WANDERING IN STRANGE LANDS: A DAUGHTER OF THE GREAT MIGRATION RECLAIMS HER ROOTS
By Morgan Jerkins
Growing up, Morgan Jerkins “felt like an outsider among my blood, a feeling that would stay with me until I was an adult.” In this memoir, she tries to connect to the places in America her family first called home by visiting those sites. Jerkins knew that what her family couldn’t remember—or had chosen to forget—“can be found in people you have yet to encounter and places where you have not yet traveled.” So she heads to Georgia, South Carolina, and Louisiana, where she’s met with a shock. Ultimately, her voyage puts a personal face on The Great Migration, a movement which led six million African Americans to leave the rural South throughout the mid-20th century.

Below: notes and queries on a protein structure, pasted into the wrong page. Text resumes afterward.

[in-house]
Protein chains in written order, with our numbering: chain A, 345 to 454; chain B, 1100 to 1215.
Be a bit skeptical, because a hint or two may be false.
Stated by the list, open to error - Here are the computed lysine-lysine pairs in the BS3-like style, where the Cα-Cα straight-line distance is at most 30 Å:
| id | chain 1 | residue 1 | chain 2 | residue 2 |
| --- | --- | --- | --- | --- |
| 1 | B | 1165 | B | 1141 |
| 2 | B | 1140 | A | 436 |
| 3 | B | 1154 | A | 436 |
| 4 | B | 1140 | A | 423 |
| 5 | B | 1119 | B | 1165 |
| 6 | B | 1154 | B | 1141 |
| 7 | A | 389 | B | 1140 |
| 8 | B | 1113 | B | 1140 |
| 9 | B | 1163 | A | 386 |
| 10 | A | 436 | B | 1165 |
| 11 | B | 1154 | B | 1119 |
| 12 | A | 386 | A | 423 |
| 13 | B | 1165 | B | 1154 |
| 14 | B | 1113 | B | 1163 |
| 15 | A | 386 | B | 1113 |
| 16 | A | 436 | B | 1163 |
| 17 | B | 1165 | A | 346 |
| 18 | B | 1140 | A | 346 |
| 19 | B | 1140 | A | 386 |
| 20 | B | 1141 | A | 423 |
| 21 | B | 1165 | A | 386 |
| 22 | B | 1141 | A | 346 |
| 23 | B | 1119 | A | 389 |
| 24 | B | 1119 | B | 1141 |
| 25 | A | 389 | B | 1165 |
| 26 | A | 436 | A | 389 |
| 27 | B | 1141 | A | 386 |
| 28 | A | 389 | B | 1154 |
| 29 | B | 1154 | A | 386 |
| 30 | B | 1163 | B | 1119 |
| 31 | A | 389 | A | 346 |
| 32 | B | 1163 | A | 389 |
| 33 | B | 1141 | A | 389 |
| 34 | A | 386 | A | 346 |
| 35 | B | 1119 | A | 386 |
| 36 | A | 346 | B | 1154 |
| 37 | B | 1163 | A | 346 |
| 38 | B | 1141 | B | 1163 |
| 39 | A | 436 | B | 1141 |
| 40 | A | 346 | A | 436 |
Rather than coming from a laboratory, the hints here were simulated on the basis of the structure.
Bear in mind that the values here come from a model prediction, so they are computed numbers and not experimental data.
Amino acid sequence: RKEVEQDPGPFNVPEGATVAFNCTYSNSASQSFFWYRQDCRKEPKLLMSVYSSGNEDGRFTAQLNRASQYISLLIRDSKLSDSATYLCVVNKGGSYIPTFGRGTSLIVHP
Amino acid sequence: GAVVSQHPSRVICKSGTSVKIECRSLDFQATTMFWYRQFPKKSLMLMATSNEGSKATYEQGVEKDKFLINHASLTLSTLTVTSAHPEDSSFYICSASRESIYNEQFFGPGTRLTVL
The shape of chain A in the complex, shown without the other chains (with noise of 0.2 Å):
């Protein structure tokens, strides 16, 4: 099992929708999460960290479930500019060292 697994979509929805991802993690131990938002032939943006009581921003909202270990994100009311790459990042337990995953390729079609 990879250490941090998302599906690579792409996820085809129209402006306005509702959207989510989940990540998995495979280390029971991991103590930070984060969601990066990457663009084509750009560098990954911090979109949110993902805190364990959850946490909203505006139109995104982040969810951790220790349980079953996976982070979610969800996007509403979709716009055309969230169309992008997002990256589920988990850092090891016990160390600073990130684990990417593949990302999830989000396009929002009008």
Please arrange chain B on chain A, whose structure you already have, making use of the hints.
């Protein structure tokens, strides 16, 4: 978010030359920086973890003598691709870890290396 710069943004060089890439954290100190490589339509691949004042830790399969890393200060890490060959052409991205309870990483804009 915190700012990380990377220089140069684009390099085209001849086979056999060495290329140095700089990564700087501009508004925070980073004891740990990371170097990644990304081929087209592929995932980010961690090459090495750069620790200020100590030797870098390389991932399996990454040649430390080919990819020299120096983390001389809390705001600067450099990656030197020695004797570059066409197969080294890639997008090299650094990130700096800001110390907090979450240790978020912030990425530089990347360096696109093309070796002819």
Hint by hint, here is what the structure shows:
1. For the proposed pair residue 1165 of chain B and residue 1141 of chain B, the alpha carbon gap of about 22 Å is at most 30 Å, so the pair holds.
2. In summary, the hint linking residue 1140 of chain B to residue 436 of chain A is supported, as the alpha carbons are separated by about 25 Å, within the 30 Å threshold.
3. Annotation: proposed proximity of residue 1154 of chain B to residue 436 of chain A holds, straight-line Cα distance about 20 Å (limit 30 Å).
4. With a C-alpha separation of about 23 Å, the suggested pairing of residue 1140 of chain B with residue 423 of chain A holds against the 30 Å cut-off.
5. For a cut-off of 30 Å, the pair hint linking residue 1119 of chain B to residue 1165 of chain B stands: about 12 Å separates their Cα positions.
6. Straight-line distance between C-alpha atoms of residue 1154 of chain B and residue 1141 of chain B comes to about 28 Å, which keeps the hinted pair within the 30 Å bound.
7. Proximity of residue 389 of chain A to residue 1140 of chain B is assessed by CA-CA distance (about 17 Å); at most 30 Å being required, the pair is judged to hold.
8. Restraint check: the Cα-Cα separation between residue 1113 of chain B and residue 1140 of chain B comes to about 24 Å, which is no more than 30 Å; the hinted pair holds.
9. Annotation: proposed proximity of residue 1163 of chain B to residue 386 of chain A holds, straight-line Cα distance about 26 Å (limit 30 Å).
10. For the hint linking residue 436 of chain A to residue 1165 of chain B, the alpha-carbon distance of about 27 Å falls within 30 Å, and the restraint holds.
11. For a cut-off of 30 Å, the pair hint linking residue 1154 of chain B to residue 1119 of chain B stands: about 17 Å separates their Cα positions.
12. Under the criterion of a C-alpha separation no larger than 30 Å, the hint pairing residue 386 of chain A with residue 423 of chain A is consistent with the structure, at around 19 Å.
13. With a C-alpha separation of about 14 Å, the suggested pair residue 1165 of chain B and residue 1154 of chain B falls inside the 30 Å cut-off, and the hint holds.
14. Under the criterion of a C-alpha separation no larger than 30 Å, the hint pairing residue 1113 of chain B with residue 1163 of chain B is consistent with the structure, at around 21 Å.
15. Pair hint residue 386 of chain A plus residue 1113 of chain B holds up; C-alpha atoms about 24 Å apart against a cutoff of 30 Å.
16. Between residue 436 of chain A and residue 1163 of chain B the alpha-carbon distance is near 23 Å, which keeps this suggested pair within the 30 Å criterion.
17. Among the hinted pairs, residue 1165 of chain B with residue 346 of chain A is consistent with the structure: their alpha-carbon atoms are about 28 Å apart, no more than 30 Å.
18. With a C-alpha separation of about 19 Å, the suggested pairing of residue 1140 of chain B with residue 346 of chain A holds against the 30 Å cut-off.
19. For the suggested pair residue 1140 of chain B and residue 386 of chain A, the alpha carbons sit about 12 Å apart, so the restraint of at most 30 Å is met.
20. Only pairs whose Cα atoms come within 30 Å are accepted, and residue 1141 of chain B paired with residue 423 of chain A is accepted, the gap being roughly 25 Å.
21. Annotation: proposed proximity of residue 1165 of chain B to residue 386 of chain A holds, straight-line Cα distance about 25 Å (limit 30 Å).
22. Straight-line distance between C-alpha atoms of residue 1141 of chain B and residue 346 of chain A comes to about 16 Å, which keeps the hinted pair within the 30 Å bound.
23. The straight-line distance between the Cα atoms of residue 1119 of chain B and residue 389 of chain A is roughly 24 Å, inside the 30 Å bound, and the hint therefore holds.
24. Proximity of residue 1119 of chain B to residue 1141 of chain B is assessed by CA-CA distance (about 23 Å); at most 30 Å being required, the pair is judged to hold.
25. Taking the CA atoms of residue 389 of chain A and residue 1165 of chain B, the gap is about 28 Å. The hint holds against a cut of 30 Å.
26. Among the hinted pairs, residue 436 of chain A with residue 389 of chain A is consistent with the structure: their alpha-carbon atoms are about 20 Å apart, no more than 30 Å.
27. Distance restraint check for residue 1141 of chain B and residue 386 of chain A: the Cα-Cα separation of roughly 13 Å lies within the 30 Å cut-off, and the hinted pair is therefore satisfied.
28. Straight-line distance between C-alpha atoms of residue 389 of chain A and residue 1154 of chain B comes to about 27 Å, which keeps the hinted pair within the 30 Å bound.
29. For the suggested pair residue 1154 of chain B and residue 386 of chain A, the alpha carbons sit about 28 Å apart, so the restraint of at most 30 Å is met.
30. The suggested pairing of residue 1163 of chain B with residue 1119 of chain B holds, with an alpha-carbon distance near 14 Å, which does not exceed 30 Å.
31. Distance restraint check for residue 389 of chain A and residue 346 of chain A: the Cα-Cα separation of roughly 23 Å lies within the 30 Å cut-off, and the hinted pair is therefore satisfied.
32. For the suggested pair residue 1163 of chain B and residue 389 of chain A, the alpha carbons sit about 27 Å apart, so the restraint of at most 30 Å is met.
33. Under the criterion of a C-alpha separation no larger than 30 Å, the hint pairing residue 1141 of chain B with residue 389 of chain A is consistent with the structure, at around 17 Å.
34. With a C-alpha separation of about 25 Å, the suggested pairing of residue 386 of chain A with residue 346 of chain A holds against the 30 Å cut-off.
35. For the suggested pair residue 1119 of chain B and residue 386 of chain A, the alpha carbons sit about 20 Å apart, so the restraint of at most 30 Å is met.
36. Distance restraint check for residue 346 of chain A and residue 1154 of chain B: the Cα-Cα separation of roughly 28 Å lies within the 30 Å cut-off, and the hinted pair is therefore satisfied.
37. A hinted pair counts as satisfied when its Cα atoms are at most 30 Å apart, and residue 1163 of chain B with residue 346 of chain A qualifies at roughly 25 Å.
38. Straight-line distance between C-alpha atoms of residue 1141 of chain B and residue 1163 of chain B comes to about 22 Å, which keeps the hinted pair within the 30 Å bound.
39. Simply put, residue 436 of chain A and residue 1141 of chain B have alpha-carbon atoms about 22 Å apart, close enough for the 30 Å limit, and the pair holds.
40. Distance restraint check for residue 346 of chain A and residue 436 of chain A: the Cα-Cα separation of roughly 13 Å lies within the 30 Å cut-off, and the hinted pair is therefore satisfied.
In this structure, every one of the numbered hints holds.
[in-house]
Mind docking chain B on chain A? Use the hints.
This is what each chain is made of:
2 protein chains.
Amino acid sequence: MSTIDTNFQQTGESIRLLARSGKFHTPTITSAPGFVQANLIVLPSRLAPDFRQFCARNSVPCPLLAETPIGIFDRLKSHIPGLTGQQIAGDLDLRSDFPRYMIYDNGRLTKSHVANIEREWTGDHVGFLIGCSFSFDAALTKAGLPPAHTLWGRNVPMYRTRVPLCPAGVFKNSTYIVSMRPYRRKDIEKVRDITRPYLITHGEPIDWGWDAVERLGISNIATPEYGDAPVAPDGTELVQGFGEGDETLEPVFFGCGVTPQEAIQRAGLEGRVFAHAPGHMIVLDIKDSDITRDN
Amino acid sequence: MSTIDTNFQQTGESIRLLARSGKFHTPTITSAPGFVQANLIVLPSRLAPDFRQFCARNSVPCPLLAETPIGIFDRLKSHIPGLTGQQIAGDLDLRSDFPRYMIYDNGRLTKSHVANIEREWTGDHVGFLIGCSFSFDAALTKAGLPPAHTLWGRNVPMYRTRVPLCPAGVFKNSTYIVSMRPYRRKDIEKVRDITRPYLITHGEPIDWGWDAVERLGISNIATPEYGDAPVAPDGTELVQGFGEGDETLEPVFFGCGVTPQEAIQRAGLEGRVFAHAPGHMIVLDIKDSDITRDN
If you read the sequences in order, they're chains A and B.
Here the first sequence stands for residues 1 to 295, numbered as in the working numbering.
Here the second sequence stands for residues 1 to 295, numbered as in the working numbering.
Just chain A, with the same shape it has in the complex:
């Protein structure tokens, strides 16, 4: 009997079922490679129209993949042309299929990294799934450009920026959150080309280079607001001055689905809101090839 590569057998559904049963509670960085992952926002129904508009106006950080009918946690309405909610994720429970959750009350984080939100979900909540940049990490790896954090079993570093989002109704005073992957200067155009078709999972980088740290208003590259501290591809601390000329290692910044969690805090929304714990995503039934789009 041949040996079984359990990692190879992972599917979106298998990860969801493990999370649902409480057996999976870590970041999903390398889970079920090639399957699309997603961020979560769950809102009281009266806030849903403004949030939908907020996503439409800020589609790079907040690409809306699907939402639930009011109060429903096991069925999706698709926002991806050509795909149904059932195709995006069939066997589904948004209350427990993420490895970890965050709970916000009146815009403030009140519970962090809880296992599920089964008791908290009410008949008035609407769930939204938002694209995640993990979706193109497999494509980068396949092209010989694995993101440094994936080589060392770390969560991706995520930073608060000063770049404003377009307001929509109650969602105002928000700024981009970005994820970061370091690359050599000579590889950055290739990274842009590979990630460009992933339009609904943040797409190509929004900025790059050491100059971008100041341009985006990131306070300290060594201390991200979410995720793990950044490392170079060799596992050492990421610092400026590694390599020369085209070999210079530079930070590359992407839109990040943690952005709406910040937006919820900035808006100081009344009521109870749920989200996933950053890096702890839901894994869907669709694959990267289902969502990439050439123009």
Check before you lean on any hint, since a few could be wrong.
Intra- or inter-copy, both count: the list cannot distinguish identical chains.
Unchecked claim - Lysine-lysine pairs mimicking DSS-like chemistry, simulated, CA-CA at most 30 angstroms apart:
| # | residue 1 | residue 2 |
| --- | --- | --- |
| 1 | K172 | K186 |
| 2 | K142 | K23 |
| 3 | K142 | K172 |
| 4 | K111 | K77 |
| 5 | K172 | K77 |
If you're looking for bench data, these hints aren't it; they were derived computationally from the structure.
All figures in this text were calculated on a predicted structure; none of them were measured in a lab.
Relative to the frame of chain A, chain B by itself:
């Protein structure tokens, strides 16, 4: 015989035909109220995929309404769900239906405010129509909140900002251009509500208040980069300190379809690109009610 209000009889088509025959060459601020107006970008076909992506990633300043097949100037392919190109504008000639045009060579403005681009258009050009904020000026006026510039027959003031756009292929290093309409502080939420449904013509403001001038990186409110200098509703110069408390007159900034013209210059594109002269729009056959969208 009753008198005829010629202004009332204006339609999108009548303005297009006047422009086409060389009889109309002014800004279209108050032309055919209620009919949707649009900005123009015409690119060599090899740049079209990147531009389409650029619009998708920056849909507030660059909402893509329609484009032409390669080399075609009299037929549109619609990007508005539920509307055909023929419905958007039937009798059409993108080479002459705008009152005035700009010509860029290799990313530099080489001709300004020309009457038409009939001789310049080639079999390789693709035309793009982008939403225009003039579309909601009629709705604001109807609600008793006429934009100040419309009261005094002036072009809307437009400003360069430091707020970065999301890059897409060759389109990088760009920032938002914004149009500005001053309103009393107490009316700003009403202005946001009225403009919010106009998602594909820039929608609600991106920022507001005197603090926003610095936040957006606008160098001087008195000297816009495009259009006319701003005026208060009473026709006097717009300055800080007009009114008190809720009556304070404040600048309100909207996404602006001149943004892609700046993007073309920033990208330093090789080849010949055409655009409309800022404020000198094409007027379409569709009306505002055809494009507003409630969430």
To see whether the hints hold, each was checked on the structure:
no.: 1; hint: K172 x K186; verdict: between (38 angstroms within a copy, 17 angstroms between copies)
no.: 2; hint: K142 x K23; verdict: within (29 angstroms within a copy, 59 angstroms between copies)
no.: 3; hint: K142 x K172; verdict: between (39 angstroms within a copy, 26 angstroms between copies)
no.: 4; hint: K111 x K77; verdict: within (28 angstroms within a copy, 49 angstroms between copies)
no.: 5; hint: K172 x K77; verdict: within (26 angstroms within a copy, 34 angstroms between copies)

For fans of “The 1619 Project,” The New York Times Magazine’s series that recently reexamined the legacy of slavery in the United States, this book is an interesting companion piece. For a long time, Jerkins’ family chose to look forward, not back. But what she found when she finally did retrace their steps was her true self. It had not been forgotten; it was just waiting to be discovered. (4/5)
By Shannon Carlin
Wandering in Strange Lands is published August 4, 2020. This article originally appeared in the Summer 2020 print edition of BUST Magazine. Subscribe today!
More from BUST
4 New Books By Black Feminists You Need To Read
Alexandra Chang's "Days of Distraction" Sets Race, Romance, and Self-Discovery into Focus